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A majority of RV dealers, manufacturers and suppliers clearly believe the industry should better coordinate its new-model-year release dates, although there is considerably less consensus as to the preferred timing of a more synchronized approach to new-product introductions, an RVBUSINESS.com Industry Poll indicates.
Most vocal on this issue were dealers, who were nearly unanimous in calling for better coordination of new model-year product debuts. Judging by their consistent stance on this issue over a period of years, of course, that should come as no surprise.
Better model year coordination is favored by:
• 88.6% of dealers
• 61.7% of manufacturers
• 65.9% of suppliers
Regarding timing, 57% of dealers favor an August-or-later release date. However, 16% failed to respond to a survey question soliciting their preferred new-model release dates. Forty three percent of manufacturers and 42% of suppliers also left the question blank.
Many dealers preferred late summer because it gives them time to sell off inventory left over from the previous year.
“An August-to-December window is wide enough to provide (a) flexible introductory date,” said one dealer, in a rather typical response. “Stretching the dates not only devalues inventories, but it also dilutes the excitement associated with new model announcements.”
While the jury is apparently still out when it comes to selecting a specific new-model-year release date that would best serve all factions of the industry, the recent survey of registered visitors to RVBUSINESS.com – the RV industry’s only daily news site – elicited numerous responses from dealers who complained that manufacturers are devaluing their inventory and confusing consumers by failing to better coordinate the timing at which they begin to deliver new models to dealerships throughout the country.
“I am a 26-year veteran (of the industry), and every year I get upset with the early releases,” one dealer wrote. “It comes right in the middle of our prime season and affects what price people want to pay when there is next year’s model sitting on your or your competitor’s lot.”
Says another retailer: “I have $3 million in new inventory, and our season has just begun due to a late spring, and I have already received a dozen 2005 model-year vehicles. That makes almost my entire inventory outdated. I still have my year-end carryovers to move, too.”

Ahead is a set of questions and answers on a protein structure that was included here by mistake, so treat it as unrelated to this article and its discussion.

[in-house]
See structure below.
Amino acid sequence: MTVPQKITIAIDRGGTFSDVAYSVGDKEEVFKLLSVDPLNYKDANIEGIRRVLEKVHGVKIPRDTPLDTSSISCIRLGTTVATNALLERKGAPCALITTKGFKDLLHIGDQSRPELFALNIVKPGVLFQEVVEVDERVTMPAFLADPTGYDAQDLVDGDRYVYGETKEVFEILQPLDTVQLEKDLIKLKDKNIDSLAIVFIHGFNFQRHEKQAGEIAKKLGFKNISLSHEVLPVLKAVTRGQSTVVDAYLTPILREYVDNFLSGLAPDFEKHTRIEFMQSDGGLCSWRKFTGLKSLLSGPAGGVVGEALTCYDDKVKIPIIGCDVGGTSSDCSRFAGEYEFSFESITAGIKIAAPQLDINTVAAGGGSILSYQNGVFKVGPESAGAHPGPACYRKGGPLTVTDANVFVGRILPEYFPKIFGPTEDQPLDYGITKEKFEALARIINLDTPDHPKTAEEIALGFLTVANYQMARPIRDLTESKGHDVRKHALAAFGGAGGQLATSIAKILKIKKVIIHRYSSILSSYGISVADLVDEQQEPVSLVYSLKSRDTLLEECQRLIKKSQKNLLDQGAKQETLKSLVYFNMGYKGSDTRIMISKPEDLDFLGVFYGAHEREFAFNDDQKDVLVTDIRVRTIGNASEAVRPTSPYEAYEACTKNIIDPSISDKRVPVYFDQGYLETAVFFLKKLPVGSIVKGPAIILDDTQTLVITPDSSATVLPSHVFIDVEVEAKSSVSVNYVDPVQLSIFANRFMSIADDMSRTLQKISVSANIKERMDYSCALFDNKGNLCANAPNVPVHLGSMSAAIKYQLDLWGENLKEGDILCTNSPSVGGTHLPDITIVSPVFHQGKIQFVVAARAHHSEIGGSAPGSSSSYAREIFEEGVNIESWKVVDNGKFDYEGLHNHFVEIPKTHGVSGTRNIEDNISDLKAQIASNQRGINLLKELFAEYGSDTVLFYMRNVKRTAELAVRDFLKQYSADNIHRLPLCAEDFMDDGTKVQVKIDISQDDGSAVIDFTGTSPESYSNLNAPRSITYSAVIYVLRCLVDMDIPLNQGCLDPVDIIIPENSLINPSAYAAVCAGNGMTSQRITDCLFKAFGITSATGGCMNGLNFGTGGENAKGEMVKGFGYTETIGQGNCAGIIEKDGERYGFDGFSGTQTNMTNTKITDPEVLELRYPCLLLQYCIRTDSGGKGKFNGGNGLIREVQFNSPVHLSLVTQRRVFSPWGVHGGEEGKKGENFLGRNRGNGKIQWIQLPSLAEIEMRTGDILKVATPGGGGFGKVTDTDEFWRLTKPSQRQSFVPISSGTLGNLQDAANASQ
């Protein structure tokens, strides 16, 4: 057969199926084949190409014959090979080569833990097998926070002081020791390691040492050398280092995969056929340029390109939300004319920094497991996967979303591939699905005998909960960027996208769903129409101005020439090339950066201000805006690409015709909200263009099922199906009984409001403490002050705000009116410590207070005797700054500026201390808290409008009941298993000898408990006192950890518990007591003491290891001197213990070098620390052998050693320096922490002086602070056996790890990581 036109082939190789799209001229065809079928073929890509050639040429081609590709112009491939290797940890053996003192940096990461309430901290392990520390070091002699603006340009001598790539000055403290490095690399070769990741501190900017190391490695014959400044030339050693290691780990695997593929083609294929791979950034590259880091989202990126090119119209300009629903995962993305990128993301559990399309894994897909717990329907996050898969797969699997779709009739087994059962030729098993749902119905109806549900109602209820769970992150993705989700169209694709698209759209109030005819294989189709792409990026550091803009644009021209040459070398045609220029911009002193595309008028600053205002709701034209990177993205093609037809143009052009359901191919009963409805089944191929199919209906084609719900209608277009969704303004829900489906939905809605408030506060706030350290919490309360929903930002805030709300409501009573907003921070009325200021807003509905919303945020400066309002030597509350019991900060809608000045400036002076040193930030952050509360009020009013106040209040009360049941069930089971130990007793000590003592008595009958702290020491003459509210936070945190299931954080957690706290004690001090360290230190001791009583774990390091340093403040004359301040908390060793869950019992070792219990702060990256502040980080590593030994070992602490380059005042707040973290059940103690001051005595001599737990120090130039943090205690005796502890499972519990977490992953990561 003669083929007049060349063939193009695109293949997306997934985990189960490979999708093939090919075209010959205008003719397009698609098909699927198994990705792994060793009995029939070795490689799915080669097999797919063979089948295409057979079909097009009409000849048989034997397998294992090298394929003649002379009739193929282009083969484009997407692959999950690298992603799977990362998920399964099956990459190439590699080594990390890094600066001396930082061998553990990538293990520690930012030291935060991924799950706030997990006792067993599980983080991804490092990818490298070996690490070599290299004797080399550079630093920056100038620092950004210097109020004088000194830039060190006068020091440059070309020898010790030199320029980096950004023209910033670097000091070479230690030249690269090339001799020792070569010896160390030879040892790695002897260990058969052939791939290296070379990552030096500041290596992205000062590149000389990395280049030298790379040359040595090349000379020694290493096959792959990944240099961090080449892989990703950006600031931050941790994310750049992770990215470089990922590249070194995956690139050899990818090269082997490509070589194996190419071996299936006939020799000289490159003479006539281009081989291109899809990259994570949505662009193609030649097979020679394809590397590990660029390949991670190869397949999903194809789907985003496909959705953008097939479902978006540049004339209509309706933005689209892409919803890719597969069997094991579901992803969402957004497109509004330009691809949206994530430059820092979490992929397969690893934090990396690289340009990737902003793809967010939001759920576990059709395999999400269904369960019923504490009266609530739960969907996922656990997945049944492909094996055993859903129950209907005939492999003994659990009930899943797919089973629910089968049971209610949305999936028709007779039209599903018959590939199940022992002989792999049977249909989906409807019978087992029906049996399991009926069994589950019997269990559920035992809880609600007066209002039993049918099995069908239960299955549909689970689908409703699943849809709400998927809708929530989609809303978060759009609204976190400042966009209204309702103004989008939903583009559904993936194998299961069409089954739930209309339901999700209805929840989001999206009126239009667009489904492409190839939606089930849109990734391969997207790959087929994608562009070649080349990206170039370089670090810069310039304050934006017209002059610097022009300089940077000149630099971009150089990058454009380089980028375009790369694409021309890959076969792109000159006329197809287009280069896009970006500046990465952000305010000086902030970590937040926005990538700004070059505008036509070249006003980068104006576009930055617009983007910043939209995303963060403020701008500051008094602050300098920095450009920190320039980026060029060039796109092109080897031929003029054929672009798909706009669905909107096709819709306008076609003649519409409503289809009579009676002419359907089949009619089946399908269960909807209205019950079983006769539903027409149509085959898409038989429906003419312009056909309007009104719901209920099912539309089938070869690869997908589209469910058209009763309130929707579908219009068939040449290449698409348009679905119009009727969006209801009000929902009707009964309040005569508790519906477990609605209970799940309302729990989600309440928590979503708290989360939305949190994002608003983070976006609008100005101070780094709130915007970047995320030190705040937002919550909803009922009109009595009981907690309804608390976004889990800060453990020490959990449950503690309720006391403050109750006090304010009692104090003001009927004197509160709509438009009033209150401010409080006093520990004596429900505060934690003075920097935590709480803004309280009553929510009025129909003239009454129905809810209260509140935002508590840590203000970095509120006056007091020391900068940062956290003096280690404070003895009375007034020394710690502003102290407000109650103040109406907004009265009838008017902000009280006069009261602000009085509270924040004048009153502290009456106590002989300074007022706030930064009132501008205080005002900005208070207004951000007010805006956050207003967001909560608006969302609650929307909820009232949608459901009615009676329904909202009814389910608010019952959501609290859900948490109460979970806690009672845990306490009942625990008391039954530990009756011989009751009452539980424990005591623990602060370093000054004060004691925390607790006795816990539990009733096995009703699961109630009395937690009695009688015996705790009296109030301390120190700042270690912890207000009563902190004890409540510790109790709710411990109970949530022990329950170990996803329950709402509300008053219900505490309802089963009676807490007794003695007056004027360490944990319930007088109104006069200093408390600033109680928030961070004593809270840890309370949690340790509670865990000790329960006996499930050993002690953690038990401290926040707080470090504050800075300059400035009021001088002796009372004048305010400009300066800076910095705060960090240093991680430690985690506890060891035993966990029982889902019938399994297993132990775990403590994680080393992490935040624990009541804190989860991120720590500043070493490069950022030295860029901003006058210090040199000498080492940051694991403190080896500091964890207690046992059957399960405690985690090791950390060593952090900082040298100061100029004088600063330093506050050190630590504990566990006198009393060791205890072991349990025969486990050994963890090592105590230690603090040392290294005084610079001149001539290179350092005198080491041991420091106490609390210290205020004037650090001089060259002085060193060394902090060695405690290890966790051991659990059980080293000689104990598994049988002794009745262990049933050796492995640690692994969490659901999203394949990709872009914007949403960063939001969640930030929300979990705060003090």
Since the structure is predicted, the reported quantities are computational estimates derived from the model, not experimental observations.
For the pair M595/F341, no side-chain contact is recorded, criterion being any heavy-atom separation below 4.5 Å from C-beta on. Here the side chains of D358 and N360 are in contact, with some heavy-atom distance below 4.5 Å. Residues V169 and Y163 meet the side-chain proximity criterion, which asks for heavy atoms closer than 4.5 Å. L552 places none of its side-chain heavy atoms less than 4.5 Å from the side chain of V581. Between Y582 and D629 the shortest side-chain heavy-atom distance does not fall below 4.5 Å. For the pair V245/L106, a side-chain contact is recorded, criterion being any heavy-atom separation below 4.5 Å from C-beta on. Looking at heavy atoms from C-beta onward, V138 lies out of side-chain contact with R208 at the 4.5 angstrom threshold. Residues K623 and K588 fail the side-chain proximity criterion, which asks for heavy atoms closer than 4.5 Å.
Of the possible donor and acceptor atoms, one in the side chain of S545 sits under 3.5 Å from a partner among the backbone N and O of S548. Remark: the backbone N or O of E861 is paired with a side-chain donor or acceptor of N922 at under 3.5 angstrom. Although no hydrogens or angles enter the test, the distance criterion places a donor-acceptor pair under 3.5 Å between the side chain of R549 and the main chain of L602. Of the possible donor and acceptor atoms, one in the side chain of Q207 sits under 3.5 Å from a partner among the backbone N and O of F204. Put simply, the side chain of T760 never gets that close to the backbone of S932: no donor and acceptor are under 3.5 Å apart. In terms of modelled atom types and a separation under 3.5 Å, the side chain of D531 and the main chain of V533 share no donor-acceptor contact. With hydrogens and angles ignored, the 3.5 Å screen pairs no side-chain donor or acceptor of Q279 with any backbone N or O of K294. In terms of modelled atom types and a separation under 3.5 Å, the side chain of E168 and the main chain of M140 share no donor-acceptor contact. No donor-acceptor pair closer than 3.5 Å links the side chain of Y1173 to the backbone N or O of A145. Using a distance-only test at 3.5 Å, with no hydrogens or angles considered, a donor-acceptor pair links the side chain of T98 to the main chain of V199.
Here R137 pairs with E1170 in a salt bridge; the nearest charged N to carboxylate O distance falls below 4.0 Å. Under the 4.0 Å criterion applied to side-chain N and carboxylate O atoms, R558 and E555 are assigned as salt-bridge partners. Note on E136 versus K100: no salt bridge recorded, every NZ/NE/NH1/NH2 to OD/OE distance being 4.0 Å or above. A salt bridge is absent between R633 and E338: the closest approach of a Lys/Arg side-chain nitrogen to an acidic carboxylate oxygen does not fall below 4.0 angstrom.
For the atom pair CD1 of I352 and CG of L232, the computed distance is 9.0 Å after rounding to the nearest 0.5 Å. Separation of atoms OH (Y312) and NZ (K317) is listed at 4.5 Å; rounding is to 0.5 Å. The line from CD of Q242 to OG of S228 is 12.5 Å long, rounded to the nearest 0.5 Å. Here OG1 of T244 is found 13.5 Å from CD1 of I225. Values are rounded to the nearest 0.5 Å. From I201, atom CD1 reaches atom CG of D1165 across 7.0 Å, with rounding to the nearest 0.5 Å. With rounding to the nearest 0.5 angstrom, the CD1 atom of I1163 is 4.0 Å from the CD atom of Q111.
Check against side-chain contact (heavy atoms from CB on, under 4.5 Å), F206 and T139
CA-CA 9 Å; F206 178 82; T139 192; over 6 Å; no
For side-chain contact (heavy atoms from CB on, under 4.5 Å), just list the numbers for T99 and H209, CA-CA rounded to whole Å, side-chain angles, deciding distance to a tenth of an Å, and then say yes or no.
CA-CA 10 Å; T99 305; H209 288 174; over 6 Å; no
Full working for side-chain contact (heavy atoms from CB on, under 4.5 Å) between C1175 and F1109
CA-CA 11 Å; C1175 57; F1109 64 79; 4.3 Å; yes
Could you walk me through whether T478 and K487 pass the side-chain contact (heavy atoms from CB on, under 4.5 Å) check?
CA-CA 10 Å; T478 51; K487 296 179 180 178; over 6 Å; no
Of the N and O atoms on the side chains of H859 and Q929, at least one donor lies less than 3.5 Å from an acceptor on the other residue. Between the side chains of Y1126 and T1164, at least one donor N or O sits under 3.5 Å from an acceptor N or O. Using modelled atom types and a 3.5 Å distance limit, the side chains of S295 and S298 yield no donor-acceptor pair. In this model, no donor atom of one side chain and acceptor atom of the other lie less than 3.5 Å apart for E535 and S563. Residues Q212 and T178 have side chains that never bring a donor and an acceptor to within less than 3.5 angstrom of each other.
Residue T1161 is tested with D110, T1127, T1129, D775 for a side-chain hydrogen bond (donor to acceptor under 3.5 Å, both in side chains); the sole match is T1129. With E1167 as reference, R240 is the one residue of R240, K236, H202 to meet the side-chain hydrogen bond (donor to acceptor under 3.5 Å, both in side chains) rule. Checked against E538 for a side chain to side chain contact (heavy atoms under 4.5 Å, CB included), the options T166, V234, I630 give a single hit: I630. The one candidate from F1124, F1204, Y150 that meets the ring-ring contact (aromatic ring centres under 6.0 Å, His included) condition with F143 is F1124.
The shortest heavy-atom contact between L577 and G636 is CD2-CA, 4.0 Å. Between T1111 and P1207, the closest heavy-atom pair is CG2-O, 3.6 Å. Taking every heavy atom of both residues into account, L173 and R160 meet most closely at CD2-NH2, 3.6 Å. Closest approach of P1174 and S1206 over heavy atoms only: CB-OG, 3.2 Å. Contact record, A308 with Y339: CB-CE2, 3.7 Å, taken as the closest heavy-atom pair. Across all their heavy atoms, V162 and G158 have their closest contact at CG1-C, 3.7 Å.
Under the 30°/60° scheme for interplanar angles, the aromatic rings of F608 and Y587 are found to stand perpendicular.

Says another dealer: “Very early releases have a huge impact on motorized RVs, leading to the bugaboo of ‘05 rigs built on ’03 chassis with ’04 appliances and systems.”
Another said: “We are currently confusing our customers on when models become available, and also we cannot market the model-year issue effectively with everyone offering introductions throughout the year.”
Several survey respondents maintained that the RV industry should simply copy the automotive industry’s autumn new model release protocols. “The thinking (is) already set in the mind of the buyer (even first-time buyers), and we need to conform to that thinking,” one dealer said.
Some questioned the extent of changes in those new-model introductions whenever they arrive.
“It seems that even though most manufacturers have stepped up their release dates,” a dealer complained, “not much changes other than color.”
But there are manufacturers who contend the free market should determine the timing for the release of new models.
“As an RV manufacturer it can be crippling to introduce all new models at one time,” a representative of one manufacturer wrote. “This can thrust the cost of R&D into one financial period, compromise production efficiencies and generally stress the corporation. We prefer to stagger our new model year.”
“Having five different coach models to change every year would be very difficult to accomplish all at the same time,” added another manufacturing company respondent. “This is the reason that manufacturers stagger model-year changes across their product lines.”
It’s not fair to limit new-model introductions to a specific time window, especially if a particular product line generates little interest and needs to be revamped sooner, argues another representative of an OEM. “Being in manufacturing, we understand that the dealer is also our customer, but we have to keep our production moving and if it takes introducing a new model or implementing a model-year change early to keep up, then we have to make that our priority.”
Some suppliers, for their part, also feel that it’s important to retain the flexibility to make immediate product changes.
“I feel continuous product improvement is the answer,” wrote one individual. “I like to be able to take to my customers the newest, latest ideas in furniture today and have it implemented ASAP. It shows we are doing our jobs as tier-one suppliers to the OEM manufacturers.”